Themes from early bankruptcies in the upstream oil and gas sector may provide insight regarding exit financing for the next wave of companies entering the restructuring process. The current industry downturn, fueled and exacerbated by impacts from the COVID-19 pandemic and the Saudi/Russia oil price war, has led to a series of bankruptcies beginning early this year. Initial filers are now starting to emerge with revamped capital structures, including new bank credit facilities, offering information regarding the terms of those credit facilities and the process/requirements for securing agreement between lenders and borrowers. These exit credit facility terms and requirements also portend what banks will expect on a continuing basis for conforming to reserve-based loans (RBL).

Resetting the Borrowing Base

The rapid decline in oil prices in March and early April re-emphasized the importance of disciplined business plans, risk management measures and strong balance sheets to sustain operations in a depressed demand/low-price commodity environment.

Lenders and their advisors are performing comprehensive and enhanced evaluations of debtor business plans and cost reduction measures to appropriately size RBLs and establish ongoing financial covenants for the reorganized companies. The typical evaluation begins with a thorough review of the oil and gas reserves database underlying the business plan, similar to a semi-annual borrowing base redetermination, but with more scrutiny of proved undeveloped reserves (PUD) in particular.

Projected internal rates of return, price sensitivity and the borrower’s ability to fund the specified PUD capital expenditures are examined in-depth. Additionally, banks are increasingly requiring more symmetry between the reserves database and the business plan forecast with respect to capital expenditures for PUDs, eliminating the historical practice of some companies to include relatively more assumed PUD capital expenditures in the reserves database.

Lower bank price decks, reflecting current price forecasts that are generally lower than index pricing, have driven down the overall value of company reserves. Further, lenders are taking a conservative position in setting borrowing base limits based on the evaluated reserves to obtain an acceptable level of asset/collateral coverage. Banks often establish a borrowing base at 1.5x coverage of the value (e.g., PV10) of total proved reserves or by applying tiered advance rates to various reserve classifications. Many banks are taking the additional step of considering limits (e.g., 1.2x–1.5x) according to the PV15 value of company reserves using current index pricing.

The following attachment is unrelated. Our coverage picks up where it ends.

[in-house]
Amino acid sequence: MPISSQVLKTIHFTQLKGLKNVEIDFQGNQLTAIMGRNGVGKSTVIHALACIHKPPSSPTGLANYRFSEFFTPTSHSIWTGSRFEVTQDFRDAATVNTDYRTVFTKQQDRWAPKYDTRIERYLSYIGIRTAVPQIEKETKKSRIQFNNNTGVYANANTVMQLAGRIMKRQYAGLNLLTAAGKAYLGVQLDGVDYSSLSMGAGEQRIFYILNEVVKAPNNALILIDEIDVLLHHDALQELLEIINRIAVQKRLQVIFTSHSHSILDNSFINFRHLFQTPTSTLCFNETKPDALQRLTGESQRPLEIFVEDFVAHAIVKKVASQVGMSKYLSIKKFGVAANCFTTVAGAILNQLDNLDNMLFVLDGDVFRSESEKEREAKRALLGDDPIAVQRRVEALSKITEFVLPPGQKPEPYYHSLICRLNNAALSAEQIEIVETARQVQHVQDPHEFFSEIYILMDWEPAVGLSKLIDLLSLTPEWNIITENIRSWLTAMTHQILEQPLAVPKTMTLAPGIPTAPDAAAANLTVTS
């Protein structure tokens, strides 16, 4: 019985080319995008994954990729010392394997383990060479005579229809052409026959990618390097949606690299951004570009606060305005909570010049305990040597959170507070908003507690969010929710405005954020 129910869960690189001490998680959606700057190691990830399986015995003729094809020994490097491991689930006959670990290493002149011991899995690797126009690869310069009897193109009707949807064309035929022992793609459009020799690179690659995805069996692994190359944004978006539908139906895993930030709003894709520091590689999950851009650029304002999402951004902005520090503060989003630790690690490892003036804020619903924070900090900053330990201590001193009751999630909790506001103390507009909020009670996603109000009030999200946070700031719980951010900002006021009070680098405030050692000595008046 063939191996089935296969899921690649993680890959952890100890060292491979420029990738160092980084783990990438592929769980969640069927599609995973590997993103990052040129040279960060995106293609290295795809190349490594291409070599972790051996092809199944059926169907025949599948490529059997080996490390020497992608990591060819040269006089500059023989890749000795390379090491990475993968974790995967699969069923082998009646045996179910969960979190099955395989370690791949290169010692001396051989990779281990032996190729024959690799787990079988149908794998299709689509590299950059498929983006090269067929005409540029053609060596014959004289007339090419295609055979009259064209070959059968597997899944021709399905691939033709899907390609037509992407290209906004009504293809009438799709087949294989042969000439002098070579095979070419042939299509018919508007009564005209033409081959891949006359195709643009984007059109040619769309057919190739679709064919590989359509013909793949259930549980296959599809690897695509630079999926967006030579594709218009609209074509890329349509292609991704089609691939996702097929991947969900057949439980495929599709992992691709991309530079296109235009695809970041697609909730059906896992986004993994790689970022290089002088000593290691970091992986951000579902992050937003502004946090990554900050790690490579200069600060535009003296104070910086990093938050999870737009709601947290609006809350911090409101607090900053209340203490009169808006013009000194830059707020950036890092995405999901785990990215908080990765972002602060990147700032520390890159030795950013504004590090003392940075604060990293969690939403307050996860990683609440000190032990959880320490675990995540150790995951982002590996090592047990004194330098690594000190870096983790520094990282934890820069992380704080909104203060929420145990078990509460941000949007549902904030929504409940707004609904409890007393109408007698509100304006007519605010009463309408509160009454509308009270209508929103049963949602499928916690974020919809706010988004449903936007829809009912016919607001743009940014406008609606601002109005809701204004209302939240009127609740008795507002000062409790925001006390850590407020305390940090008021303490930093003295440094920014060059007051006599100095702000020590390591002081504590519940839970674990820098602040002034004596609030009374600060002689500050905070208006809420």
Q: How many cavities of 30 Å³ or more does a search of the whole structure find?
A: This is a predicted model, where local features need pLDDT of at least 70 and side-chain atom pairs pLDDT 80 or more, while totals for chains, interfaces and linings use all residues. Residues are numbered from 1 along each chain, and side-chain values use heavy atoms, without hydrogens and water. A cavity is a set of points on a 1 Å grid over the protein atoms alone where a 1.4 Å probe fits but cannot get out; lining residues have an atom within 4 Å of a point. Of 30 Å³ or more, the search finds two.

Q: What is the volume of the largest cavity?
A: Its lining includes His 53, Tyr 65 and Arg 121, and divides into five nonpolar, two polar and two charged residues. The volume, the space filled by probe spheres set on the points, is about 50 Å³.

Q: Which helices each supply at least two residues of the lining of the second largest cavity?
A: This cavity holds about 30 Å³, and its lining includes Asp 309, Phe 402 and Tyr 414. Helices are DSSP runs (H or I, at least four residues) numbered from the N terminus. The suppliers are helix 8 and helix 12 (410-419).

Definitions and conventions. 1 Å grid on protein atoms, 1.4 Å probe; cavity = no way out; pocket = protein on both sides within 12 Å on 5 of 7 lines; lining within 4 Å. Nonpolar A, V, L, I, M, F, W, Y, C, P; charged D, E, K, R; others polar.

Borrowers are generally expected, if not required, to hedge at least a portion of their projected proved developed producing (PDP) volumes for approximately two years at emergence and such requirement may apply on a continuing/rolling basis for the term of the credit facility. Should a hedging program not be established for any reason, the banks’ targeted collateral coverage thresholds would be increased.

The combined effect of the factors specified above generally has been a significantly lower borrowing base for most debtors as they emerge from bankruptcy. In certain cases, this condition may require new cash equity investments to paydown RBL balances. 

Credit Facility Terms

As mentioned, lenders want to ensure that debtor business plans are based on disciplined and realistic development plans and appropriate estimates of capital, operating and general and administrative (G&A) costs. Further, they’re intently focused on liquidity and the ability for borrowers to absorb the impact of industry volatility. To that end, common conditions precedent to closing of exit RBL facilities include one or more of the following:

  • Required equitization of all or most of the debtor’s other debt balances;
  • New cash equity infusion;
  • Minimum commodity price hedging requirement; and